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In addition to the attention generated because of the impact of its materials on the Internet, the Institute for Historical Review has been attracting other recent media attention. A few highlights:
- A brief but error-packed item about the Institute appeared prominently in The Washington Post, May 11, under the headline "The Neo-Nazi Network." With blatant disregard for elementary facts, the IHR was cited, along with three other individuals or groups, as a "primary source" of "Nazi propaganda material" sent to Germany.
The six-line item contained not only factual errors, but misrepresented the IHR as the "Institute for Historic [sic] Review." Predictably, the Post declined to publish a letter from the IHR correcting the errors.
- Journal editor Mark Weber appeared February 19 as a guest on the "America First Radio," an hour-long shortwave radio talk show hosted by Harry Bertran and sponsored by The Populist Observer (P.O. Box 15499, Pittsburgh, PA 15237).
- The Institute was mentioned several times in a news report broadcast May 28 on National Public Radio's "Weekend Edition/Sunday" program. Speaking from Rome, the NPR reporter described the IHR as "the most active source of Holocaust denial material in the world," and misleadingly lumped it together with "American white supremacists" and "neo-Nazi groups." With a tone of alarm, the Institute's international conferences and worldwide Internet outreach were also cited.
- Journal editor Mark Weber was smeared in a made-for-television movie, "The Infiltrator," broadcast over the HBO television network on June 24. This crude, lie-packed "dramatization" about neo-Nazis in Germany, attempts to portray the Simon Wiesenthal Center as a courageous, principled fighter of "hate." Jewish comedian Alan King, in the role of Wiesenthal Center "Dean" Rabbi Marvin Hier, calls Weber a "big-time fascist."
- An essay by former Journal editor Theodore O'Keefe, "The US Holocaust Memorial Museum: A Costly and Dangerous Mistake," was reprinted in full in the March-April 1995 issue of Social Justice Review, a thoughtful traditionalist Roman Catholic journal published bimonthly by the Catholic Central Union, 3835 Westminster Place, St. Louis, Mo. 63108. O'Keefe's essay also appeared in the March-April 1995 Journal.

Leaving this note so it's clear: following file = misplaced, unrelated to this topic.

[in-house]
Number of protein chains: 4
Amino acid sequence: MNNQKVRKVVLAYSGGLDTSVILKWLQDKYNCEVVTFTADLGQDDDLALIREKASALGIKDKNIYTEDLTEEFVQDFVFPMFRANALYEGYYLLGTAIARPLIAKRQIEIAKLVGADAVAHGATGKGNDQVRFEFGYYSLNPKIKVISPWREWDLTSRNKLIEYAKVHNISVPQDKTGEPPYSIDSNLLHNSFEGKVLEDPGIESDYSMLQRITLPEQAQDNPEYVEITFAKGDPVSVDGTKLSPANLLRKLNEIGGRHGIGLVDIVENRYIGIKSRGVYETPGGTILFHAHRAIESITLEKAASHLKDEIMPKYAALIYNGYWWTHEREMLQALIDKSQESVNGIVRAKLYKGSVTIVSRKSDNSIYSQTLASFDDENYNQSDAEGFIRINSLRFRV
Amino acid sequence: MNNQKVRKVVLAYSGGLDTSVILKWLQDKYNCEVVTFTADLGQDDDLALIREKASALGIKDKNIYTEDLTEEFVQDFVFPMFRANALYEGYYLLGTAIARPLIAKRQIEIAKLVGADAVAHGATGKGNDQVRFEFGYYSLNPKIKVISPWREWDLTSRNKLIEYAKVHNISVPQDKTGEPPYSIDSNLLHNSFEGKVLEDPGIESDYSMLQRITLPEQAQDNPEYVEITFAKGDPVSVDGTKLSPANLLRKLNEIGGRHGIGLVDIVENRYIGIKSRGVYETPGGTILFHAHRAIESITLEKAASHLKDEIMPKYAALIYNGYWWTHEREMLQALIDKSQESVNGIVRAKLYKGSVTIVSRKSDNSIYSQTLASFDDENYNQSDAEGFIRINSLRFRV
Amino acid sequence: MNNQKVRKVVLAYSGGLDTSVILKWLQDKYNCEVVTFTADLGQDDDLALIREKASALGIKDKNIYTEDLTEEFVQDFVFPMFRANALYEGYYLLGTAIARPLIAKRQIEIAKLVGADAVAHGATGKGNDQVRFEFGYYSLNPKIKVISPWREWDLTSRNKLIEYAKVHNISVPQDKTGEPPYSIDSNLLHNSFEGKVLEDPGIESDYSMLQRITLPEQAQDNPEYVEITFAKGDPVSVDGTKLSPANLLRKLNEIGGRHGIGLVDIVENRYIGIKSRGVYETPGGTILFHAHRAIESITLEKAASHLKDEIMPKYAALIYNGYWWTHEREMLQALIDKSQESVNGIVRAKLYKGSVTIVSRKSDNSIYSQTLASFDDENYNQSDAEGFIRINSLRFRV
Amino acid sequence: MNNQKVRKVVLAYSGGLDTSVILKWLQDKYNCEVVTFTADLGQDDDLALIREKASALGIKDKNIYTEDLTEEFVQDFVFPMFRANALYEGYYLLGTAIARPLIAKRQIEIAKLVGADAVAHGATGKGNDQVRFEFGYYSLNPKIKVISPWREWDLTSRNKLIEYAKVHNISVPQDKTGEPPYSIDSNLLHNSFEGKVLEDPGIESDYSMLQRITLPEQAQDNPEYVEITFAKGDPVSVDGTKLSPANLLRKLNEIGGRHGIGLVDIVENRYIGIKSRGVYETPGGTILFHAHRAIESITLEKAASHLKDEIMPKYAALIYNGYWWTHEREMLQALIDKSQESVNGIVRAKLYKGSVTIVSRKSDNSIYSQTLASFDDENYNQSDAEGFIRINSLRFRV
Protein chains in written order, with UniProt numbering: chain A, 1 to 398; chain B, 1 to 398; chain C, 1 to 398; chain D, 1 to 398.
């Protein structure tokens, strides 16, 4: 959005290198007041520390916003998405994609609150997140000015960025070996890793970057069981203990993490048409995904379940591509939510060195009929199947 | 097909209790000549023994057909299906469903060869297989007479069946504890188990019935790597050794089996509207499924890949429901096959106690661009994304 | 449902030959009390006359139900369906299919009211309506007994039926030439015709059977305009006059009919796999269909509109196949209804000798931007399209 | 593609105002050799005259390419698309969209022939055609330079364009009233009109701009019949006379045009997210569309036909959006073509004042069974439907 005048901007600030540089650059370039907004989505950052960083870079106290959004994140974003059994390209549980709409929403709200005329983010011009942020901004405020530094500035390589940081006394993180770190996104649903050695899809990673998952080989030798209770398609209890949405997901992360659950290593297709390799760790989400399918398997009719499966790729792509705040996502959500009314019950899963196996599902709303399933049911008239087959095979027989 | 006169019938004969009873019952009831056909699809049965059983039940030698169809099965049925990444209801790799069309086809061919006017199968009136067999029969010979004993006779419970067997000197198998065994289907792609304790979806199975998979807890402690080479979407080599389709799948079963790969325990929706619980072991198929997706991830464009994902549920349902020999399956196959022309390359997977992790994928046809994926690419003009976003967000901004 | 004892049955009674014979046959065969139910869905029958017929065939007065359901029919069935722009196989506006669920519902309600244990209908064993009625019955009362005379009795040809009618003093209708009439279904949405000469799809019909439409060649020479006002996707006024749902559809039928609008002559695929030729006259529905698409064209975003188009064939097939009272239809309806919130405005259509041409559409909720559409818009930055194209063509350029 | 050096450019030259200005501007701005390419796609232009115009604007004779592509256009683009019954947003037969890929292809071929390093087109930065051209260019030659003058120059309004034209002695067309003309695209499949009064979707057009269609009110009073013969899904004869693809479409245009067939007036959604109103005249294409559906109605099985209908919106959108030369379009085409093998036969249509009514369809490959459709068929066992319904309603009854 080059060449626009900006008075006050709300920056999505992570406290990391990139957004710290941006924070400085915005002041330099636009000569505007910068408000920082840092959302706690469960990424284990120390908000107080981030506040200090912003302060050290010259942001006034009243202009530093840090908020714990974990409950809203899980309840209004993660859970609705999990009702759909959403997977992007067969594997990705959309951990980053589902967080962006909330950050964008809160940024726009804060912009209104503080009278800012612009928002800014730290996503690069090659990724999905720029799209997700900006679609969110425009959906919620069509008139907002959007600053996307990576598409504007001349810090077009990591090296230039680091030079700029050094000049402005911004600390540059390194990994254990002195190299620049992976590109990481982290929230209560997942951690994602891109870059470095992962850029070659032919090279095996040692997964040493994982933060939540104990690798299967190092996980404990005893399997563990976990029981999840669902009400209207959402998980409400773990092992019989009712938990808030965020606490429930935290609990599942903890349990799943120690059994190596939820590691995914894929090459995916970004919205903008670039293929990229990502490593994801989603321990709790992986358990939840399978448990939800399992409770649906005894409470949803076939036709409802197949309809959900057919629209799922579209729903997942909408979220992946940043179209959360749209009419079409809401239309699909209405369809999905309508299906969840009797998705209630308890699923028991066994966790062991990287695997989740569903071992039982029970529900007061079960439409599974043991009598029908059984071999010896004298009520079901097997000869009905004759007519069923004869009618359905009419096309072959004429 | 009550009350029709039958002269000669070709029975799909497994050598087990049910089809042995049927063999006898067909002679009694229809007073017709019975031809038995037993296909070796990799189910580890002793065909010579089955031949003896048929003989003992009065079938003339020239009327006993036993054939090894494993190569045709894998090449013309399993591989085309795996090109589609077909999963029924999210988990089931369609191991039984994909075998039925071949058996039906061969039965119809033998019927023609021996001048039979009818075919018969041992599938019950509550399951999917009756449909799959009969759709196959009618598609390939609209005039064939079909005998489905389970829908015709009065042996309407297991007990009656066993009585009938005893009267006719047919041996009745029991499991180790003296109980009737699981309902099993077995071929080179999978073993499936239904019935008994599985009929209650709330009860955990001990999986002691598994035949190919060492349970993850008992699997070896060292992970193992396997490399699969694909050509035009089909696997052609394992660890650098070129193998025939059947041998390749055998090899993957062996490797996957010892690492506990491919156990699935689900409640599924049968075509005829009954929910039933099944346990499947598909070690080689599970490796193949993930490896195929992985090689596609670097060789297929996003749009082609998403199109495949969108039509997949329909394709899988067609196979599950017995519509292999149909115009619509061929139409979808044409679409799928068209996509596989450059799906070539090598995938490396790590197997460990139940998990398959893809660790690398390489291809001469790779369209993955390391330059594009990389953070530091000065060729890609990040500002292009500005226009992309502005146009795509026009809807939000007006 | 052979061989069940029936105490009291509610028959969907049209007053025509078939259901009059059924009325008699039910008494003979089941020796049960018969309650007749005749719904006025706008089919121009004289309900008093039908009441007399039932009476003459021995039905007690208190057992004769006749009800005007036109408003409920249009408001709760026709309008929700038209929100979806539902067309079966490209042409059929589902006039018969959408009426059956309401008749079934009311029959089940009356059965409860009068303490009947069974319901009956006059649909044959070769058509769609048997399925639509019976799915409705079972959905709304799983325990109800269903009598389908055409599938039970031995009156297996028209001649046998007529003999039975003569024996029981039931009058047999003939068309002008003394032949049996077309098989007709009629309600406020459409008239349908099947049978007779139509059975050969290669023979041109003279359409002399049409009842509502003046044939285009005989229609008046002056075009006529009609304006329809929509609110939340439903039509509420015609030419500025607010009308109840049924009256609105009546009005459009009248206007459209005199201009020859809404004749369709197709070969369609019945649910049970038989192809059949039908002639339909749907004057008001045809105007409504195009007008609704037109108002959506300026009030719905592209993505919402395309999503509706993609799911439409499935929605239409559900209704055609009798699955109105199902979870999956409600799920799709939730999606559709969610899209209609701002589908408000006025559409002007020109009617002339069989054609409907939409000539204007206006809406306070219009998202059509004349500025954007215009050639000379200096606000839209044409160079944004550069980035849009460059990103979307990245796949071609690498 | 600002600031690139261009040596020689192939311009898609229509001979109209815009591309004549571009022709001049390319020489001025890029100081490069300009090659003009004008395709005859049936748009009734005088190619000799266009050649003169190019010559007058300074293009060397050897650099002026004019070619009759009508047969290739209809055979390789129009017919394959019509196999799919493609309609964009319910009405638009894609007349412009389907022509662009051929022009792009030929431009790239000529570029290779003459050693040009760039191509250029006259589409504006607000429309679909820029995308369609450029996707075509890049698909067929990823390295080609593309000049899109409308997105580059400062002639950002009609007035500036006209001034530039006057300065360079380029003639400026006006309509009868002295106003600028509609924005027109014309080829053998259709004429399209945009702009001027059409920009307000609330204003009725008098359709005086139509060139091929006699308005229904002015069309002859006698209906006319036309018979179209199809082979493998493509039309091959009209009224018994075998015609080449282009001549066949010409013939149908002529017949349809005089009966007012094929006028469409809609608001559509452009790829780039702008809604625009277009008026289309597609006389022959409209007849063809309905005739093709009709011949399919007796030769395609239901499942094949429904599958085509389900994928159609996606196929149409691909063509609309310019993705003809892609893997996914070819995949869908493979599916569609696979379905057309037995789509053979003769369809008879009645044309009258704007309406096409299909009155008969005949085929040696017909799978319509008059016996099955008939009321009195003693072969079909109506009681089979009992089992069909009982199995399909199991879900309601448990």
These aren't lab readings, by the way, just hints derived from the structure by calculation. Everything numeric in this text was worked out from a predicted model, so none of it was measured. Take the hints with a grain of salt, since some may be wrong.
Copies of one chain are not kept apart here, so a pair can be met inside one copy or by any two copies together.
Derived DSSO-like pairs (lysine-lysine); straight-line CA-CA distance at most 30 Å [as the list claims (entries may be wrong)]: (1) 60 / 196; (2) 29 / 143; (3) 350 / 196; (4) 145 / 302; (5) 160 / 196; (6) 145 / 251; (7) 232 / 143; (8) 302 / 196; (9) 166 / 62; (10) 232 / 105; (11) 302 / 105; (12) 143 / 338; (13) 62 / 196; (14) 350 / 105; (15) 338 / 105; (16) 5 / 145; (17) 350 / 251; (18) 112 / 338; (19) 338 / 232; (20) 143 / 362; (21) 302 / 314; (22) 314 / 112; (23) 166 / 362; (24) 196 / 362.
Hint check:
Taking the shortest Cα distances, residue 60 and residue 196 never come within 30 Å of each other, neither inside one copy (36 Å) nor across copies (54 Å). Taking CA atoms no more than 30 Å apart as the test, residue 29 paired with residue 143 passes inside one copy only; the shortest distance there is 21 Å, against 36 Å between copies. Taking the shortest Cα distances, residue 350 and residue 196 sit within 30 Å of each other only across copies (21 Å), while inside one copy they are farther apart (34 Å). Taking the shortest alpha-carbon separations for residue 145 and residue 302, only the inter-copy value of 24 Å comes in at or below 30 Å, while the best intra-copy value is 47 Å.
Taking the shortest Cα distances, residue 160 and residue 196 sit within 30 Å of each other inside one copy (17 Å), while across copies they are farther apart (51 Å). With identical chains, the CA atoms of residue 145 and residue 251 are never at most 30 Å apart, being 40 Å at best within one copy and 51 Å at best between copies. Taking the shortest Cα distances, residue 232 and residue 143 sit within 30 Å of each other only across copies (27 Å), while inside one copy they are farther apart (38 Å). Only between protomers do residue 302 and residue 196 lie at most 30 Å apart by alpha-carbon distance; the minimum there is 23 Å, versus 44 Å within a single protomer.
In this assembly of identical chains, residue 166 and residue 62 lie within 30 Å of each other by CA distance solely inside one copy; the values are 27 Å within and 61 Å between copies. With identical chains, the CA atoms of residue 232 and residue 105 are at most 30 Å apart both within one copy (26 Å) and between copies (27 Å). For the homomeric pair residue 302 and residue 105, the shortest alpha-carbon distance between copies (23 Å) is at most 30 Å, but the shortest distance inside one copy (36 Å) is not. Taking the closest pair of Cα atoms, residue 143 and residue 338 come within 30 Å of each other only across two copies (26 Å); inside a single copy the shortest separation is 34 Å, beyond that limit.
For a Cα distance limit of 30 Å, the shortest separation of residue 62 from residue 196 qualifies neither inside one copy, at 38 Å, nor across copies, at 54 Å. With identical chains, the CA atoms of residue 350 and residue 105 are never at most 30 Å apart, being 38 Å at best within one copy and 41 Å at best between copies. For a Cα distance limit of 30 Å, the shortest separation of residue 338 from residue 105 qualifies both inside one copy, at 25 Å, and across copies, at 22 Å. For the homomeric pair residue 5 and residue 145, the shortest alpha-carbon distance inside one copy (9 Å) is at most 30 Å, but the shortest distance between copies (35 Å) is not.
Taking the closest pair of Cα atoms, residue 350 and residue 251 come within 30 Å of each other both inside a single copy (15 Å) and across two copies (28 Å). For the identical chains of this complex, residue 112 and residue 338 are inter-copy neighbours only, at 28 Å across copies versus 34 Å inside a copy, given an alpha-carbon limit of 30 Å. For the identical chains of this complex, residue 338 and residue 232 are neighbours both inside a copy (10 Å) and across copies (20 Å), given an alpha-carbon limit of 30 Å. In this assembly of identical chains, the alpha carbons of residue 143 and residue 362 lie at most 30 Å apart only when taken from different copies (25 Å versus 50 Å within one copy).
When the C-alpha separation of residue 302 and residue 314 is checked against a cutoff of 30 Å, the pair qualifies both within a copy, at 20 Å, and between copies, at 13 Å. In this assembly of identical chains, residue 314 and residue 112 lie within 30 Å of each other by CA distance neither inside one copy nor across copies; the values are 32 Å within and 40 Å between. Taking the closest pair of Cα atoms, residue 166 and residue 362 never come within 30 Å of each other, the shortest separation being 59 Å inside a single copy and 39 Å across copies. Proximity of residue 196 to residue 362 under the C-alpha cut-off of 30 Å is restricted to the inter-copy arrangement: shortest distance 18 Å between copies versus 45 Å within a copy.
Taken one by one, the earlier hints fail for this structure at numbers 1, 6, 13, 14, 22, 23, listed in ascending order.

- Steven Frogue, a high school history teacher in southern California, has come under fire for saying that the IHR's view of the Holocaust story deserves serious consideration. In an interview with the Irvine Valley College student newspaper, Frogue expressed the view that the Institute has "raised questions" about the Holocaust story that should "enter the debate."
Frogue teaches history at Foothill High School in Tustin and is a member of the Saddleback Community College district board. A report on the matter in the Orange County Register, April 4, appeared under the headline "Teacher's View of Holocaust Stirs Furor."
- A front-page article in the Wall Street Journal, April 28, about "extremist" groups "in the wake of the Oklahoma City bombing" cites the Institute for Historical Review by name as a dangerous "far-right group."
In fact, far from being a fomenter of "hate" or illegal activity, as the nationally-distributed daily suggest, the IHR has been a repeated target of terrorists. (For details, see The Zionist Terror Network, a 20-page illustrated booklet, available from the IHR for $5.50, postpaid. [Check www.ihr.org for current availability and price; ed.])
- Sometimes they get it right. After persistent urging, local newspapers have been describing the IHR and its work more accurately, dropping the silly "Holocaust denial" and "Holocaust denier" labels. For example, the Los Angeles Times (Orange County edition), June 25, describes the IHR as "a think tank known best for its claims that accounts of the Holocaust are exaggerated."
Additional information about this document
|Title:||The Institute in the News|
|Sources:||The Journal of Historical Review, vol. 15, no. 4 (July/August 1995), pp. 30f.|
|First posted on CODOH:||Dec. 21, 2012, 6 p.m.|